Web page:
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Kid Cudi Is Leaning Into the Chaos, And Getting Lost In It

Hours after the release of Kid Cudi’s ninth solo album, Insano, a curious sight appeared on a barge in New York’s Hudson River. It was a massive statue of Cudi, its eyes flaming red and fluorescent light shooting out of its mouth. A similar barge floated off the coast of Long Beach, while a third Cudi statue stood in the middle of Paris’ Place de la Bourse. “Satanic Kid Cudi slammed for unveiling massive statues of himself,” read a hilarious Page Six headline compiling social-media reactions to the stunt.

While it’s questionable whether the statues reveal Cudi to be a card-carrying member of the Illuminati, they seem like an apt reflection of the curious mix of self-absorption that defines the rapper, vocalist, and producer’s musical career. Since breaking out with his classic 2008 single, “Day N’ Nite,” the Cleveland-born artist has portrayed his inner mind’s eye as a source of psychedelic magic, high drama, and unfathomable sorrow. On his best work, he dazzles as a personification of his listeners’ fears and desires. At his worst, he descends into pompous egocentricity and mewling self-indulgence.

Cudi’s variegations have resulted in one of the most impressively chaotic discographies of the blog-rap generation. One never knows what he’ll deliver: a bland, Afropunk-baiting alt-rock riff like 2015’s Speedin’ Bullet 2 Heaven, a surprisingly compelling reunion with mentor-turned-frenemy Kanye West like 2018’s Kids See Ghosts, or a competent yet inconsistent array of familiar stylistic tropes like 2022’s Entergalatic soundtrack. The new Insano is another mixed bag, at least in terms of execution. At an hour and 21 songs and with a “deluxe edition” rumored to arrive soon, it comes off as repetitive, with too many songs faltering around the same messages and ideas. But it also has a handful of numbers that soar on Cudi’s true strength: imbuing his words and sounds, no matter how facile, with unrepentant conviction.

While music critics have long fussed over Cudi’s work — a fraught dynamic he complained about in the 2021 documentary A Man Named Scott: The Kid Cudi Story — the 39-year-old has become an elder statesman to an audience accustomed to experiencing rap as a vibe-y blur of singsong melodies, inebriated euphoria, and youthful angst. Travis Scott has cited him as a major influence. Playboi Carti and Young Nudy shouted him out on their infamous 2019 leak, “Pissy Pamper.” (Cudi tried to recruit Carti for Insano, but the notoriously enigmatic rapper wouldn’t clear his vocals.) With Insano, the original Mr. Rager rejoins the party, inviting acolytes like Scott, A$AP Rocky, Lil Yachty and Young Thug as well as veterans such as Lil Wayne, DJ Drama, and Pharrell Williams to participate. Rocky uses his appearance to fire back at Drake over the latter’s Rihanna diss on For All the Dogs. “These niggas can’t stomach me/Better go get a man-drake,” he raps on “Wow.” Meanwhile, Cudi samples a verse from XXXtentacion’s “Orlando” for “X & Cud.”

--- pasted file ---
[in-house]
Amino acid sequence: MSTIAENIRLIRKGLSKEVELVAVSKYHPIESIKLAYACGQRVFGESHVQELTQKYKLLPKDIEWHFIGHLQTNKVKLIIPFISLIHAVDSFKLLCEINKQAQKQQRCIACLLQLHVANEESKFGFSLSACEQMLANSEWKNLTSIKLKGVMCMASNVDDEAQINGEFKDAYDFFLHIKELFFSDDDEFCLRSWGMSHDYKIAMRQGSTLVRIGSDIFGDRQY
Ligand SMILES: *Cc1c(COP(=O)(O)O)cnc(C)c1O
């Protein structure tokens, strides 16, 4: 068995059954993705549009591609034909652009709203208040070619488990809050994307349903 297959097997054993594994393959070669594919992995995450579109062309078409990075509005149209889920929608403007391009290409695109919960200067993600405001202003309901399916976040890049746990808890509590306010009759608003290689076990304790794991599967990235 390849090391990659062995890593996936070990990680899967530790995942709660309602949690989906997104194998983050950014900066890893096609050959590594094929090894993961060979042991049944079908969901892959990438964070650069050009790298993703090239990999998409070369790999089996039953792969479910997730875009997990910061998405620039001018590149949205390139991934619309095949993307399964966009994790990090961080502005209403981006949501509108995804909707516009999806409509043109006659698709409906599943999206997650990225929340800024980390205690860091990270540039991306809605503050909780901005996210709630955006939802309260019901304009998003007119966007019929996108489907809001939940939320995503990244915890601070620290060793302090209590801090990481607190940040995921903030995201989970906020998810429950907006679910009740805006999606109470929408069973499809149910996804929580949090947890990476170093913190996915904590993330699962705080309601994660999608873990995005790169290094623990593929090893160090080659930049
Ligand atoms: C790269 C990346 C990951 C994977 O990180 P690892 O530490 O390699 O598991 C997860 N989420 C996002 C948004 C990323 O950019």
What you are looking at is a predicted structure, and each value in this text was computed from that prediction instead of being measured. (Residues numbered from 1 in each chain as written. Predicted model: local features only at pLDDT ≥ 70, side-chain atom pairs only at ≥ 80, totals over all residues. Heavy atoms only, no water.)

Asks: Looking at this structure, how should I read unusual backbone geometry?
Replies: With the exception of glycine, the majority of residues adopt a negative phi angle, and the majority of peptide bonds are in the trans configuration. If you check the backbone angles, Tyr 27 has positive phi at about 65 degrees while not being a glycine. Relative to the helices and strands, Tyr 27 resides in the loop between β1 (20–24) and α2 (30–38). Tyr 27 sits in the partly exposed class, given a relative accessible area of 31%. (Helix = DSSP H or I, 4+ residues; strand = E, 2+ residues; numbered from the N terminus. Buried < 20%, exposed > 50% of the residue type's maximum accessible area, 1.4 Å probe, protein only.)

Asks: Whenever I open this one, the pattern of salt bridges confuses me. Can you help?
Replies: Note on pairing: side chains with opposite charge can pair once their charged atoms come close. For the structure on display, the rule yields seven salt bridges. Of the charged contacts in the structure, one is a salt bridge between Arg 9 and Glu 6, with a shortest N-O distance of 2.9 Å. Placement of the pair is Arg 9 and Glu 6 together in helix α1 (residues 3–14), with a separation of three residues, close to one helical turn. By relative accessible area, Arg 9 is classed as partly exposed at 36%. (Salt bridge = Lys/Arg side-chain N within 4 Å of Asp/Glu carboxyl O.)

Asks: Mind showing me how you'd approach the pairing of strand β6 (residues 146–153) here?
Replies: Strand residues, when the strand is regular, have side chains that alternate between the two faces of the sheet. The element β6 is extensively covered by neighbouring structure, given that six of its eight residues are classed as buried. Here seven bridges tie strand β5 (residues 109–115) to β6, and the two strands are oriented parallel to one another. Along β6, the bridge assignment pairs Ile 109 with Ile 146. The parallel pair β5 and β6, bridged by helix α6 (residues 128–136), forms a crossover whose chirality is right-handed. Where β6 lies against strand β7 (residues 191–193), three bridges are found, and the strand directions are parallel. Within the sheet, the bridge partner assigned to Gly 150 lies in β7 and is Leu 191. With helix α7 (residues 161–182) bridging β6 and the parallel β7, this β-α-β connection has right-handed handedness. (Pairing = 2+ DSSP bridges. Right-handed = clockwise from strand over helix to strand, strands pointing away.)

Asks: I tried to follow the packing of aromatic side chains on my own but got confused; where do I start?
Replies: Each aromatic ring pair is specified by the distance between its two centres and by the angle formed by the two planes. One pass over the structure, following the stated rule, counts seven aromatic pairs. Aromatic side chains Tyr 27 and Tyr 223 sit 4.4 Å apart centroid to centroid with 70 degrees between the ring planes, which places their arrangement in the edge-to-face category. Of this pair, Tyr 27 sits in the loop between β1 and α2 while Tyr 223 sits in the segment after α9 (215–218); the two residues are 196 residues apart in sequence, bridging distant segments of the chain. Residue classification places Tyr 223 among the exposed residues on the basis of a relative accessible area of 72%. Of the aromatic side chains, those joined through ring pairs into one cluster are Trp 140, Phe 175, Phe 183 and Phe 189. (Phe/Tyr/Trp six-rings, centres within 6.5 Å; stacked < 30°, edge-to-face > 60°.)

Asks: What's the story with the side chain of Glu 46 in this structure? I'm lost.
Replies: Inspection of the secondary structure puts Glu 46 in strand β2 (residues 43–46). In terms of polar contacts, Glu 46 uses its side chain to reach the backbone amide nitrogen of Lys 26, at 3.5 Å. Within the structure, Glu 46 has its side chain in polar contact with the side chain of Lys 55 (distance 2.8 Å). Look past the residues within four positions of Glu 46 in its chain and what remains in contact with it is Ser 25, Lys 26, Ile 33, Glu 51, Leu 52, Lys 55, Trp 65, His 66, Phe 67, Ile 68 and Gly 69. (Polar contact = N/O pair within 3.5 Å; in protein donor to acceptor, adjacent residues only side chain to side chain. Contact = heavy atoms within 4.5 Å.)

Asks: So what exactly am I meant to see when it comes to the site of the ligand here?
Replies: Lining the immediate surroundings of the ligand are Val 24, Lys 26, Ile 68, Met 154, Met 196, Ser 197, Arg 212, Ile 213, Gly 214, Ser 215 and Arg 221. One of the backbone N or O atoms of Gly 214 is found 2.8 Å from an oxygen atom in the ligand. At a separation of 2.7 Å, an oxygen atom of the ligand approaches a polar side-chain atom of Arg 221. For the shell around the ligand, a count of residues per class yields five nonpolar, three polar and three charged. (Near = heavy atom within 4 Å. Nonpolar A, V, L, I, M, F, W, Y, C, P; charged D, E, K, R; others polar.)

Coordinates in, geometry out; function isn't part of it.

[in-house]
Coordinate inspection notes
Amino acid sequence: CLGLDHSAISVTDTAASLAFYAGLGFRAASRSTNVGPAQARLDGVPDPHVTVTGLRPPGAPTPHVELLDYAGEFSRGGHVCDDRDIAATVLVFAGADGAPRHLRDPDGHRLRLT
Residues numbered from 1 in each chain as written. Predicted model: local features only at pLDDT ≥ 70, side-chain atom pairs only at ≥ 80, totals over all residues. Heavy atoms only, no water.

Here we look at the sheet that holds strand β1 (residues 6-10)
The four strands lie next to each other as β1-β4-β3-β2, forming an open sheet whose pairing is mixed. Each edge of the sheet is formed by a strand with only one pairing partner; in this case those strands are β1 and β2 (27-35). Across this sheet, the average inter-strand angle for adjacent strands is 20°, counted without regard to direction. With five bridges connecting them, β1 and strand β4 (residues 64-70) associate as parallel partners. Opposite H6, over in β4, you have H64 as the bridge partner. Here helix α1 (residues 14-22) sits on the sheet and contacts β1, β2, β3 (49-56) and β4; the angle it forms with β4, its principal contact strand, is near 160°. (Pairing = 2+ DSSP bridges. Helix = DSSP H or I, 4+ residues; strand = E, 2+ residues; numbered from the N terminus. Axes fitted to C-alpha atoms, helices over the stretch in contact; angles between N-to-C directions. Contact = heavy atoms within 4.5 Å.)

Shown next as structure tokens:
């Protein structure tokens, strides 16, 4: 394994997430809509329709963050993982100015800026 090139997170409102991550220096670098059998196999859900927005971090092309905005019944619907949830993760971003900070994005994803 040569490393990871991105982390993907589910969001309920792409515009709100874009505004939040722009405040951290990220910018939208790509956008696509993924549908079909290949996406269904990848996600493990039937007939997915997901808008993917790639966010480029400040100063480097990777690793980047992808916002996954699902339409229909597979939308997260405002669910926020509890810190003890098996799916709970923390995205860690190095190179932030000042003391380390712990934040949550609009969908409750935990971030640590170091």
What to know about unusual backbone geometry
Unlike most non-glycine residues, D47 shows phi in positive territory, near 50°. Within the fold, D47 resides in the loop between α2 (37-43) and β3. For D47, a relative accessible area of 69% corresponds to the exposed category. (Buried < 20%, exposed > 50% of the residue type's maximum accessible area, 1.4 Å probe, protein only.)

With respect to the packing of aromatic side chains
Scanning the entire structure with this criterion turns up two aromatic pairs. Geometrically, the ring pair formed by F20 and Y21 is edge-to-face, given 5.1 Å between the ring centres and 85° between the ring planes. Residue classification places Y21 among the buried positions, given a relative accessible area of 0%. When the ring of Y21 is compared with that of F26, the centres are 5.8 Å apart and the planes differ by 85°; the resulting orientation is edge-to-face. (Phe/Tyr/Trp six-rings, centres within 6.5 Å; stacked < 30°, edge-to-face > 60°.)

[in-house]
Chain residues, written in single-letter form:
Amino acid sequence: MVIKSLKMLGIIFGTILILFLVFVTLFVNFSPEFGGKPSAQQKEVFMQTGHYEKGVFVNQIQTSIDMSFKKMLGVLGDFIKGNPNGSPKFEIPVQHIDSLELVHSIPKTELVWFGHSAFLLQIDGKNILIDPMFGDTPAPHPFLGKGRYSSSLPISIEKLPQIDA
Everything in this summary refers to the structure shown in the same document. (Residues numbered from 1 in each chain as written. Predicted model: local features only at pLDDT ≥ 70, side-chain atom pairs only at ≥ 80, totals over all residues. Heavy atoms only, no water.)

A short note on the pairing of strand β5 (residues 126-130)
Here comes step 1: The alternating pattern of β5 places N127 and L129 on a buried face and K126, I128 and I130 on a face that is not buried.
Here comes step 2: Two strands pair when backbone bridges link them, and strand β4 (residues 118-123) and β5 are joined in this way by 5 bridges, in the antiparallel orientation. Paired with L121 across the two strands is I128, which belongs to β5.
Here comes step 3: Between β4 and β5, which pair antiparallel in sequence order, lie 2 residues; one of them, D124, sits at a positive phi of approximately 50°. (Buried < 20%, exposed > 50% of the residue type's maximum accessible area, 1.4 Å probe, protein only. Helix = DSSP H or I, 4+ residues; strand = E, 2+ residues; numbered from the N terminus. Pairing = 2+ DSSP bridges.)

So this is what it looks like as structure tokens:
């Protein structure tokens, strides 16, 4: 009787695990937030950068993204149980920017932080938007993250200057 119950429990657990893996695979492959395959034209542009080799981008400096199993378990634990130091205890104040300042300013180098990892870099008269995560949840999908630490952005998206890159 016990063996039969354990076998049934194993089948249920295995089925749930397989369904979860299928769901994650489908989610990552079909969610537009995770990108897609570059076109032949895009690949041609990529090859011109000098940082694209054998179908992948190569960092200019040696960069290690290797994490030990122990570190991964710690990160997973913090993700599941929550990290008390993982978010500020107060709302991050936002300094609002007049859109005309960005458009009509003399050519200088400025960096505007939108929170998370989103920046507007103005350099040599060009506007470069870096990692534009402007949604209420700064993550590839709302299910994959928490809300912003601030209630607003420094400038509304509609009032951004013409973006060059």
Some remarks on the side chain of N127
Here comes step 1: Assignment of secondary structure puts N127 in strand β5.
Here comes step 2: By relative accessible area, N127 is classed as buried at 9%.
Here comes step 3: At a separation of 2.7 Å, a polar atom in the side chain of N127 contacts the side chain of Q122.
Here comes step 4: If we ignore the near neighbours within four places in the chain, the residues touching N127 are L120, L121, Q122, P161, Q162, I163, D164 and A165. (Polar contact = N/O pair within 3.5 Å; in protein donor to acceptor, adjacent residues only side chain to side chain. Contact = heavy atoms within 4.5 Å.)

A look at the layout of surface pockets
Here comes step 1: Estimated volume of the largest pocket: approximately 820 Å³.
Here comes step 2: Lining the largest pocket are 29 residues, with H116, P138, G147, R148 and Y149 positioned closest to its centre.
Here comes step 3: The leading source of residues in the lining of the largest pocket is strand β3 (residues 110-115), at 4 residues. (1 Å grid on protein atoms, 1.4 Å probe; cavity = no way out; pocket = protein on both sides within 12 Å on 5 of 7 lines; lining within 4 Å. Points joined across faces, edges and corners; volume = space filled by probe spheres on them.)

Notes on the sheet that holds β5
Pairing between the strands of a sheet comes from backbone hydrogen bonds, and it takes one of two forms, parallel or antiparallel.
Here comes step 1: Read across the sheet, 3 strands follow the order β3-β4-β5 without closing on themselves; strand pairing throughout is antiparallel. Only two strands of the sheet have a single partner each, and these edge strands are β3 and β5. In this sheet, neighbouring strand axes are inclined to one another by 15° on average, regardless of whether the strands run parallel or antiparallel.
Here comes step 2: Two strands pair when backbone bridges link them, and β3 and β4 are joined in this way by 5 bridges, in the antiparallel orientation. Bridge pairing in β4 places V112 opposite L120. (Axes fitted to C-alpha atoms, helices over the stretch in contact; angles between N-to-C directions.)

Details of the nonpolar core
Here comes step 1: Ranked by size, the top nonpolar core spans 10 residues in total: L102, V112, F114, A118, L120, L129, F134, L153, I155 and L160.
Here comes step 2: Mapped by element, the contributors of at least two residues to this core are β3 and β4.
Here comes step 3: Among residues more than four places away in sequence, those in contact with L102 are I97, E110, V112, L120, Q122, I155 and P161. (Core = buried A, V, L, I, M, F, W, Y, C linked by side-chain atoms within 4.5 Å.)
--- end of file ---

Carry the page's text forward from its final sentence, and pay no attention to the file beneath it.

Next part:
“Man, I love these raps, ha ha/Tell most of these niggas I’m papa,” raps Cudi on “Often, I Have These Dreamz.” Insano may be Cudi’s biggest explosion of positive-minded “superhero music,” as he has called it, since 2013’s Indicud. However, Indicud was also inspired by angry insouciance over the demands of stardom as well as unnamed enemies, giving the music a palpable edge. (Last November, when Cassie’s lawsuit against Sean “Puffy” Combs alleged that he blew up Cudi’s car in 2012, some fans speculated that Indicud’s fiery album art references the incident.) 

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By contrast, Insano mostly lacks emotional content. With DJ Drama as our host, tracks like “Most Ain’t Dennis” throb and pulse as Cudi commands us to “bounce around,” boasts about how he’s “winning” and offers stiff, low-calorie bars like “See me in the drop/Got a bad bitch I’m a chop/A lot.” “Electrowavebaby” is an appealing yet ephemeral take on Ace of Base-flavored island pop. “Cud Life” offers to take us to Ragertown with drinks and blunts in tow, but the effect is more akin to being stranded on a too-crowded dance floor, lost amidst a sea of bros and Beckys.

It’s not until the second half of Insano that Cudi begins to offer some context for his willful inebriation. He harmonizes about “demons” that haunt him over the keyboard-inflected melancholy of “Tortured” and “X & Cud,” and expresses thanks for being “blessed” on “Funky Wizard Smoke.” “If you got some cash, let’s go/If you got that swag, let’s go,” he chants on the latter. Throughout, Cudi’s uniquely droll and pitch-y voice, wavering between melodic humming and fervent spoken raps, is ever present. Those tics may dissuade some from digging through Insano’s chaff to uncover decent cuts like “Wow” and “Rager Boyz” with Young Thug. For the rest of us, those moments offer slight evidence that one of the key architects of modern rap can still generate meaningful sparks.

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